History of the Office of the Senior Dean
One of the oldest officerships in the College, the positions of Senior and Junior Dean were set up by Provost Temple (1609-27) some time in the second decade of the seventeenth century. The Laudian statutes of 1637 carried a chapter outlining the functions and duties of the Deans with their most important functions being keeping discipline and, in the case of the Senior Dean, keeping the keys of the chest which contained the College’s money. At this time the Senior Dean was elected only from the body of the Senior Fellows with the Junior Dean elected from among the Junior Fellows as his assistant.
In terms of discipline, Richard Bolton’s translation of the College Statutes (1749) lists the range of potential offences the early Deans had to consider including, according to Bolton (1749), “Perjury, notorious Theft, wilful Manslaughter, Fornication, Adultery, Incest or violently striking a Fellow or Scholar, by which they are severely wounded, or shall even slightly strike the Provost, Vice-Provost, Dean, Chief Lecturer, a Doctor or Bachelor in Divinity, or shall on purpose spoil the Locks of the Gates, or by Stealth open the Gates of the College, or shall promote Conspiracies or Snares against the College”…punishments that could be, and were, meted out by the Senior Dean ranged from fines to whipping. In addition, the Deans were also responsible for overseeing the attendance at prayer of all members of college, issuing sanctions against those who did not attend, and for monitoring the activities of the scholars.
In 1699 discipline was lax: Two students who were found in the company of lewd women in a Brothel, and who had occasioned a riot there to the scandal of the College incurred no further punishment than public admonition.
Hely-Hutchinson (1775) gives a good example of the sort of disciplinary problem faced in 1720. “An exemplary punishment was inflicted on a person guilty of voluntary homicides; he was removed by the provost and Senior Fellows as a pestulent Member, and it was thought proper at the same time to resolve that no man should hereafter send, carry, or receive a provocation to single Combat, under the pain of perpetual emotion, and the possession of swords was prohibited under the pain of contumacy against the regimen. A Student was admonished for knowing of the late duel, and not informing either of the Deans, or the Provost, and soon after a Student was removed for having a sword within the walls of the College. The attendance on Divine Worship was also carefully enforced at that time: two persons were publicly admonished for not having attended the Sacrament for a year, and also for neglect of other duties.
1722 seems no easier for the Deans as Hely-Hutchison (1775) states that “From the many punishments inflicted and the enormous offences committed during this period this Society must have remained in a very disturbed state: many of the Students were expelled and several of them removed with resolutions against their readmission in the future. The offences were of an enormous nature, such as interrupting prayers in Churches, raising tumults in the College Courts, hissing the Fellows, violently shaking the commons intended for the Fellows out of the hands of the Sizers, cutting down a great number of trees in the college parks, insolent behavior to the Provost and Fellows and gross abuse of them." And in 1724 one student was publicly admonished for ‘’admitting a woman of evil fame into his Chambers” and another for “breaking the windows of the provosts house”. Later, in 1731 one student was removed for having a woman in the bed with him in his chamber, and another expelled for “furtiem notabile” (AKA theft).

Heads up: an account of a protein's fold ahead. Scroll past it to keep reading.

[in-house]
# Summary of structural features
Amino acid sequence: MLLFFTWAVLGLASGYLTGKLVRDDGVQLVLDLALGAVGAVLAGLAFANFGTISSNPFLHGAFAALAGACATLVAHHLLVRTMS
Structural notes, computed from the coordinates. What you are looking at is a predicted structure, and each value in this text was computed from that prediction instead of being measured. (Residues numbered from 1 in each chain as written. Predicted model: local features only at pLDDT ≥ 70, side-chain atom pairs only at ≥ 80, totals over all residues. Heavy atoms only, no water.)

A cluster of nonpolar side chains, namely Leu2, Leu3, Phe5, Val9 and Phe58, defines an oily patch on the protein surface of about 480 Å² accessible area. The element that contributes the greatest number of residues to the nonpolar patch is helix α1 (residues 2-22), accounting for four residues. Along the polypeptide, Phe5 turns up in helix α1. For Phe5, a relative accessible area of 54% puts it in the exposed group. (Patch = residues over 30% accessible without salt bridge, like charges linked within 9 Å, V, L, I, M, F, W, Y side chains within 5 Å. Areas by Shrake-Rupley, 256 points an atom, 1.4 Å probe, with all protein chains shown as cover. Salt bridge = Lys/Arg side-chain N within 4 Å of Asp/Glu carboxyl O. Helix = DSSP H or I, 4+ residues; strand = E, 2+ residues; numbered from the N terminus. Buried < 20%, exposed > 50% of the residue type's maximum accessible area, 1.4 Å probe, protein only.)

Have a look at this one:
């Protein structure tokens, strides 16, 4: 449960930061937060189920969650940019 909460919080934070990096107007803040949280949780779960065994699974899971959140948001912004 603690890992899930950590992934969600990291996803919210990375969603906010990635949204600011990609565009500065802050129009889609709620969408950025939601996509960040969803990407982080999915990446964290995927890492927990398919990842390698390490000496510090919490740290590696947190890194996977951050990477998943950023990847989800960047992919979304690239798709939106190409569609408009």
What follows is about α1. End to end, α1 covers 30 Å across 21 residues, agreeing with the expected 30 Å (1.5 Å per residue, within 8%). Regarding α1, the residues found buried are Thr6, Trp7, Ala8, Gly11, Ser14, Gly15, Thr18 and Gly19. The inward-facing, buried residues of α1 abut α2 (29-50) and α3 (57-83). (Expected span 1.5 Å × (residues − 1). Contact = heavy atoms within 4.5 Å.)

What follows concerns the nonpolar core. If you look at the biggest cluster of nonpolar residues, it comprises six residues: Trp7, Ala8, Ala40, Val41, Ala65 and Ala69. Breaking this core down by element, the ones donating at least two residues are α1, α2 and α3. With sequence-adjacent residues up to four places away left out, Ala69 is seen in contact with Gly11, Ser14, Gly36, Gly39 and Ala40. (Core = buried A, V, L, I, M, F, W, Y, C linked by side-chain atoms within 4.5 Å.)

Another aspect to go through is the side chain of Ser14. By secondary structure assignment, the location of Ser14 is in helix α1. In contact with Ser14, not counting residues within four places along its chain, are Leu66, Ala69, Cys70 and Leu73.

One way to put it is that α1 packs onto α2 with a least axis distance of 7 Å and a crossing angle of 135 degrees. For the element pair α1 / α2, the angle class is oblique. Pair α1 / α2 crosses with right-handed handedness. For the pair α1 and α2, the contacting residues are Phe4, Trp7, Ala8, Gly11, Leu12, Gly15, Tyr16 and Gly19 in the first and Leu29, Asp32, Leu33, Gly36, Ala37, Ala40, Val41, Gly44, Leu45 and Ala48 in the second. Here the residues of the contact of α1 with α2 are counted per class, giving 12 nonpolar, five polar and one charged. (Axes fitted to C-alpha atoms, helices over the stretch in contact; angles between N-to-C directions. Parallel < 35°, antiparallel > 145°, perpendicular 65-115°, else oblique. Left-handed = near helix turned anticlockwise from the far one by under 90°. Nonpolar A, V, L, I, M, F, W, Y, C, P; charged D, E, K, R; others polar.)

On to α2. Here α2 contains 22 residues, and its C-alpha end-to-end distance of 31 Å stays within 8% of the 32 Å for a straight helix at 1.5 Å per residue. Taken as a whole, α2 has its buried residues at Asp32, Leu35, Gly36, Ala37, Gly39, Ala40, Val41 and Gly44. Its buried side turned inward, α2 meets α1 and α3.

The most extreme example of poor discipline occurred in 1734 when the then Junior Dean was threatened by students and had his windows broken. The Dean, who kept pistols and ammunition in his room threatened to open fire, which only incited the students further. One of the students was wounded in the ensuing fight and the Dean was killed by returned fire. This death, instead of raising compassion in the public mind produced very different effects. Some of the assailants were from powerful families who used their influence to prevent conviction, and in the course of the prosecution, which was supported by the College, a great number of aspersions were cast against the Fellows, and the College. The persons tried for murder were acquitted and the student who was accused of firing the gun left the country, living abroad for the rest of his life.
By the time of Hely-Hutchinson in the latter half of the century, the College had regained control of discipline and he states that “the Senior Dean, formally a Sinecours [sic: Sinecure], has been made an efficient office, and a considerable annual award given to him for his exertions.”
As might be expected many of the earlier functions and actions occurring at that time have no modern parallel but the generality of the Dean’s responsibilities in relation to discipline remains the same.
Prof. John Parnell
Bolton, R. (1749). A translation of the Charter and Statutes of Trinity-College, Dublin. Together with the Library-statutes and the Rules of the University. To which is added, a Table of Expences for each Degree. Oli Nelson, Dublin.
Boyle, P.H. (2015). Trinity College Dublin. The Provosts 1592-1927. Hinds, Dublin.
Hely-Hutchinson, J. (1775). An account of some regulations made in Trinity-College, Dublin, since the Appointment of the present Provost. Unpublished manuscript. Transcribed May 10th 1902.